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Child of Storm H. Rider Haggard

IV. Mameena

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When I heard this my own eyes grew moist. Oh, it is the fashion to abuse natives, but from whom do we meet with more fidelity and love than from these poor wild Kafirs that so many of us talk of as black dirt which chances to be fashioned to the shape of man?

"As for myself, Inkoosi," added Saduko, "I only did my duty. How could I have held up my head again if the bull had killed you while I walked away alive? Why, the very girls would have mocked at me. But, oh, his skin was tough. I thought that assegai would never get through it."

Observe the difference between these two men's characters. The one, although no hero in daily life, imperils himself from sheer, dog-like fidelity to a master who had given him many hard words and sometimes a flogging in punishment for drunkenness, and the other to gratify his pride, also perhaps because my death would have interfered with his plans and ambitions in which I had a part to play. No, that is a hard saying; still, there is no doubt that Saduko always first took his own interests into consideration, and how what he did would reflect upon his prospects and repute, or influence the attainment of his desires. I think this was so even when Mameena was concerned--at any rate, in the beginning--although certainly he always loved her with a single-hearted passion that is very rare among Zulus.

Presently Scowl left the hut to prepare me some broth, whereon Saduko at once turned the talk to this subject of Mameena.

He understood that I had seen her. Did I not think her very beautiful?

"Yes, very beautiful," I answered; "indeed, the most beautiful Zulu woman I have ever seen."

And very clever--almost as clever as a white?

"Yes, and very clever--much cleverer than most whites."

And--anything else?

"Yes; very dangerous, and one who could turn like the wind and blow hot and blow cold."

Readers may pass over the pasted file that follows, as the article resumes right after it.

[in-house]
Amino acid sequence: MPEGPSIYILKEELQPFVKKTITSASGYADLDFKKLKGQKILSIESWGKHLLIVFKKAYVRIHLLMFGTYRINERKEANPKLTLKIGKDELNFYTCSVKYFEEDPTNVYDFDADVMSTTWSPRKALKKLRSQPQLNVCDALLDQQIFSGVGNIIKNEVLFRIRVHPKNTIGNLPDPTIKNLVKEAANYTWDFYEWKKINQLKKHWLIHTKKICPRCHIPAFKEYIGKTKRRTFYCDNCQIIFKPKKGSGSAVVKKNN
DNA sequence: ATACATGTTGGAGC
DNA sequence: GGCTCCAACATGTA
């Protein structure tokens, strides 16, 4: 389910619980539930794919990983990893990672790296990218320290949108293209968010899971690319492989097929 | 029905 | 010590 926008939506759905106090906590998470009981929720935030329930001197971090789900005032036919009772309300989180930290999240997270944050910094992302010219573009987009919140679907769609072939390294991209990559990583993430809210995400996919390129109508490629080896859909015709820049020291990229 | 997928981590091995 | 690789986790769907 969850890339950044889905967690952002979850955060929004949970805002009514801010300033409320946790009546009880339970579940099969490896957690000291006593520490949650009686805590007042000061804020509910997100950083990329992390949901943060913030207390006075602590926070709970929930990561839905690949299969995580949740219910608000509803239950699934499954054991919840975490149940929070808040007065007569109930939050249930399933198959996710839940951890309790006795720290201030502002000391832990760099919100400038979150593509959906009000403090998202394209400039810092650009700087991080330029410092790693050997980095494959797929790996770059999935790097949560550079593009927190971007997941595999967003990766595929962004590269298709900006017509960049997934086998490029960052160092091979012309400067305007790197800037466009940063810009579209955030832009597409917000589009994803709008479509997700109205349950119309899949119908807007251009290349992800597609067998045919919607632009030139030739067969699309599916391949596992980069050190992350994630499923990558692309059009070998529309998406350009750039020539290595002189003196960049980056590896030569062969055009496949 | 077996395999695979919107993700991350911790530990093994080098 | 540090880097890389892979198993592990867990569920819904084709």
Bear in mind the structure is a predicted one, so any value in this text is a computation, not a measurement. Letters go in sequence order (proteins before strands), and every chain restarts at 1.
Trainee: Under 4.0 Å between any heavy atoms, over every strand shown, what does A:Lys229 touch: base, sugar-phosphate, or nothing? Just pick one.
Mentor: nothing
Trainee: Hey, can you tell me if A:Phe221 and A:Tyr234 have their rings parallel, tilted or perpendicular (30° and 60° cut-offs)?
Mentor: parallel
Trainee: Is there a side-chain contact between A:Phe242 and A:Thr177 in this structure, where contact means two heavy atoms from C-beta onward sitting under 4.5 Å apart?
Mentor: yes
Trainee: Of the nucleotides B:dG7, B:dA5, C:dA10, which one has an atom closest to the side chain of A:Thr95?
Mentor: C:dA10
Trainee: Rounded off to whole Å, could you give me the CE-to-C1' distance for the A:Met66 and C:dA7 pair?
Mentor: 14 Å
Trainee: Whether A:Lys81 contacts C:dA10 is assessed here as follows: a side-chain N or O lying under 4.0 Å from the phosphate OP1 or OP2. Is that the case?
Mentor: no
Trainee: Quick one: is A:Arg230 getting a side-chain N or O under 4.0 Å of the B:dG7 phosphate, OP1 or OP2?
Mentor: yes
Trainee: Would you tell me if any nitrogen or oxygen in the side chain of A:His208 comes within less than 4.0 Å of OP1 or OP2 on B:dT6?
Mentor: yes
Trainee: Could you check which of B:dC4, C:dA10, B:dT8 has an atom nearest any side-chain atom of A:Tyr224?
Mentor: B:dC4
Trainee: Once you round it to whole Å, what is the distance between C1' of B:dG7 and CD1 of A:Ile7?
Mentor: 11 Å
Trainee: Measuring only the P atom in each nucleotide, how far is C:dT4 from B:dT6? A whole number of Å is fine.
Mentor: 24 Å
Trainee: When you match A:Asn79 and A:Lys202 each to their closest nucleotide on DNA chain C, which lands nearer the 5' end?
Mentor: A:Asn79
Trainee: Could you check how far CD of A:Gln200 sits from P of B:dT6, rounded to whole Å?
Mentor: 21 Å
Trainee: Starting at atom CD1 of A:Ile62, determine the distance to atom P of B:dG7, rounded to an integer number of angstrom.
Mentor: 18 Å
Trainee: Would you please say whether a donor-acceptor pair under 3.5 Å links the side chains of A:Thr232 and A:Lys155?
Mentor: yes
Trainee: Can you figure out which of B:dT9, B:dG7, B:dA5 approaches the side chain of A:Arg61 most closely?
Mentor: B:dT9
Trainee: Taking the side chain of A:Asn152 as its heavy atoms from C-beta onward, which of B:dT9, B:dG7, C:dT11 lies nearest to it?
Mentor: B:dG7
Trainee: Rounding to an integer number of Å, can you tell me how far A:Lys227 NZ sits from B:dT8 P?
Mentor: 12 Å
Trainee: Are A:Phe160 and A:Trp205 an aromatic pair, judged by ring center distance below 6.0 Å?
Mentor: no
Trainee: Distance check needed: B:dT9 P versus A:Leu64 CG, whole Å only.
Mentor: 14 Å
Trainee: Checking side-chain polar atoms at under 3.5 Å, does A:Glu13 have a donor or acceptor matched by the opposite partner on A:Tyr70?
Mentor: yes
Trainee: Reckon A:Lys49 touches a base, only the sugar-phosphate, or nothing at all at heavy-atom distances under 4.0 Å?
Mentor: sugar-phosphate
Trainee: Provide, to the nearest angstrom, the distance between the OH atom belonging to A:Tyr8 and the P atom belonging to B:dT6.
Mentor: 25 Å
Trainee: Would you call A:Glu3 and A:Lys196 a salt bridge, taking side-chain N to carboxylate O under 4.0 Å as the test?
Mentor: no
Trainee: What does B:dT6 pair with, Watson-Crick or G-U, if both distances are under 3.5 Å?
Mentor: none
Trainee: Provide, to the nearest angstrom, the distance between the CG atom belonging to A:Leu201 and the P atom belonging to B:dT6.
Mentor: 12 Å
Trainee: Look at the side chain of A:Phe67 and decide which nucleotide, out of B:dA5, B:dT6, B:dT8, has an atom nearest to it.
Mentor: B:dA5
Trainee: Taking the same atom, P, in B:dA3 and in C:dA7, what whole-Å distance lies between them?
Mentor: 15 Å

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"Ah!" he said, thought a while, then added: "Well, what do I care how she blows to others, so long as she blows hot to me."

"Well, Saduko, and does she blow hot for you?"

"Not altogether, Macumazahn." Another pause. "I think she blows rather like the wind before a great storm."

"That is a biting wind, Saduko, and when we feel it we know that the storm will follow."

"I dare say that the storm will follow, Inkoosi, for she was born in a storm and storm goes with her; but what of that, if she and I stand it out together? I love her, and I had rather die with her than live with any other woman."

"The question is, Saduko, whether she would rather die with you than live with any other man. Does she say so?"

"Inkoosi, Mameena's thought works in the dark; it is like a white ant in its tunnel of mud. You see the tunnel which shows that she is thinking, but you do not see the thought within. Still, sometimes, when she believes that no one beholds or hears her"--here I bethought me of the young lady's soliloquy over my apparently senseless self--"or when she is surprised, the true thought peeps out of its tunnel. It did so the other day, when I pleaded with her after she had heard that I killed the buffalo with the cleft horn.

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Child of Storm
H. Rider Haggard

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